It just so happened that Caro was about to experience a renaissance of sorts, with the author peeling back the curtain on his process in his only personal work to date, 2019’s Working. The following year, the Zoom-era of the pandemic made clear that the familiar spines of his books were must-have shelf-staples for writers, politicians and journalists (The New York Times called The Power Broker “the break-out star of the Covid-19 era”). Along with a recent theatrical release of the documentary, Caro is also the subject of an exhibit of his archives at the New-York Historical Society.

Robert Caro, left, and Robert Gottlieb in 1974. Photograph: AP

According to Lizzie, in an era of fake news and a plague of misinformation “Caro serves as the counterweight to all of that. He’s a person who is still working to doggedly uncover the truth of how power works in America, for good and for ill. I think he feels like a meaningful touchstone; it’s calming and soothing to know you can trust the work he has done and is continuing to do. He reveals the effects of power on the powerless, which is something we’re all grappling with right now.”

But with an impressive longevity comes an unavoidable fact: with both Caro and Gottlieb’s respective ages, they are “in a tortoise-like race against time to finish their life’s work”, as Lizzie puts it. It’s a fire that burns under its subjects and propels the documentary forward. “For me, a film really works and becomes dramatic, emotional and meaningful when there’s something big at stake. Now, more than ever, there’s so much at stake for them, for us the readers and me, the daughter of one of them.”

What’s specifically at stake is the long-awaited fifth and final book in the life of Lyndon Johnson, the release date of which is tantalizingly unknown. With its most recent installment being 2012’s The Passage of Power, Caro and company are characteristically cryptic about the follow-up’s progress. Caro has said in the past he’s planning a pandemic-postponed trip to Vietnam in order to immerse himself in the culture of the country, considering Johnson’s legacy is defined by that brutal war. Caro lived in Texas Hill Country for a time to comprehend what Johnson’s childhood there was like for The Path to Power’s debut.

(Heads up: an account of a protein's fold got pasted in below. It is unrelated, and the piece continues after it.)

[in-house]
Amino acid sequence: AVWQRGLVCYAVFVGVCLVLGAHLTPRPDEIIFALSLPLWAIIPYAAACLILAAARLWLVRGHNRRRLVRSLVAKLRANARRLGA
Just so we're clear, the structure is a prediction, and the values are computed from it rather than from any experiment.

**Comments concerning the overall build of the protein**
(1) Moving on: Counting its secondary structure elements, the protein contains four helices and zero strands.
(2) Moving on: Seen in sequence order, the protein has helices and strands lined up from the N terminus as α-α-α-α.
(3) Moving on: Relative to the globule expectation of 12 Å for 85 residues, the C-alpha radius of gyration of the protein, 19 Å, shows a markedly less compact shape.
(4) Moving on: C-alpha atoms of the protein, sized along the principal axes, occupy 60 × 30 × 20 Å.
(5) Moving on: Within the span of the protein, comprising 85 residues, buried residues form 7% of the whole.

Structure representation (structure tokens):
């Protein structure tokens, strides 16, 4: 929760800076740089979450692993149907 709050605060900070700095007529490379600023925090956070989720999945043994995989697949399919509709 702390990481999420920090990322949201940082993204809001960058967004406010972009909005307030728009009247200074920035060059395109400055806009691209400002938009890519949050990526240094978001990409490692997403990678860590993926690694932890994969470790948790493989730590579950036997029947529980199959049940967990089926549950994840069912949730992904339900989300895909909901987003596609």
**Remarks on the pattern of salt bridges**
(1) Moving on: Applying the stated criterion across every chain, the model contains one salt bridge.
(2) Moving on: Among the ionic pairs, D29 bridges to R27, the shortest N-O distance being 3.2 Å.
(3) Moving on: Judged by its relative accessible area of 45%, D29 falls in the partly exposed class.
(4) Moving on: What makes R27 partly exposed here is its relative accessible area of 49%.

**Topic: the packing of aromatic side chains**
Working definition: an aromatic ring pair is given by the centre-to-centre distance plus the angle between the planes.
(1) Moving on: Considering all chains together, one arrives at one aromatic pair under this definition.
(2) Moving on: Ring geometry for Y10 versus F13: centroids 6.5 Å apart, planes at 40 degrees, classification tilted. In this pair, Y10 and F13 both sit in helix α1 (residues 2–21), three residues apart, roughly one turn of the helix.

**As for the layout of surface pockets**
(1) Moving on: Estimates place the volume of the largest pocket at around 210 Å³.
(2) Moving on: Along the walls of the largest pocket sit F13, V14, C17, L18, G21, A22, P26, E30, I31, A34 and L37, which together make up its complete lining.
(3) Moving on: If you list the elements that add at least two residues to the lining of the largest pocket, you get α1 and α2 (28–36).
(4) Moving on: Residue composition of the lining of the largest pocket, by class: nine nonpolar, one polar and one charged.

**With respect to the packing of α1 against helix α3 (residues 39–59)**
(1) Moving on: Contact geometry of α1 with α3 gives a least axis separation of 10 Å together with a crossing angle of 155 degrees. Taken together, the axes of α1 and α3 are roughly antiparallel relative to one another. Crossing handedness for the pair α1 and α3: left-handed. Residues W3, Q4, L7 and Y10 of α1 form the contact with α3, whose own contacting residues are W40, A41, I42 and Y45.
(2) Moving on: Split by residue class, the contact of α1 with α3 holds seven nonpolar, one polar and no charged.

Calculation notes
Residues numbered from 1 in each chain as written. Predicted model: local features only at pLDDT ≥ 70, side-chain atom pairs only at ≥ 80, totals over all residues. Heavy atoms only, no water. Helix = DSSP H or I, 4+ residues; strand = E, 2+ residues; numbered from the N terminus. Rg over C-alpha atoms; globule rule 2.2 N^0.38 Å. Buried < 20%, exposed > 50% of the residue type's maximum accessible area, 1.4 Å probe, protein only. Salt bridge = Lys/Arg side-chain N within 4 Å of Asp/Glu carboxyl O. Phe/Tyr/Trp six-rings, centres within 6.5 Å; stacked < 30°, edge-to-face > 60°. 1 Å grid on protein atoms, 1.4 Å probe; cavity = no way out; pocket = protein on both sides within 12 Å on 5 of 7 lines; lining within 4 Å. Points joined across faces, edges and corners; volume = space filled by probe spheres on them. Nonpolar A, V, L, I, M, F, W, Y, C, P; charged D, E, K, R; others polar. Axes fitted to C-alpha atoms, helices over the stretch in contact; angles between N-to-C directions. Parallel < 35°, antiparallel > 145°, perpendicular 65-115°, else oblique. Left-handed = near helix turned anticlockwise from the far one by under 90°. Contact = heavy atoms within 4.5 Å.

“I think the reason why Bob Caro is still speaking to me is that I never ask him when the next book is coming out,” Lizzie says with a laugh. “I was in his office recently and he definitely closed the door in the room which had the outline up on the wall, as he should.” This was a man who stubbornly went broke and blew past every deadline during his quest to research and write The Power Broker, after all. “I know he’s working unbelievably hard and I know he’ll finish the book, but I do not know when.”

Regardless of its release, Lizzie points to a key moment in the film when it comes to understanding the complementary mindsets of the two men. “My father says in the film that Caro is industrious,” she explains. “And then he said something that really cracks me up: anyone can be adorable, but not everyone can be industrious. To me, they are both adorable and industrious. For any of us trying to make anything, that’s the goal.”

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Photo by Xu Haiwei on Unsplash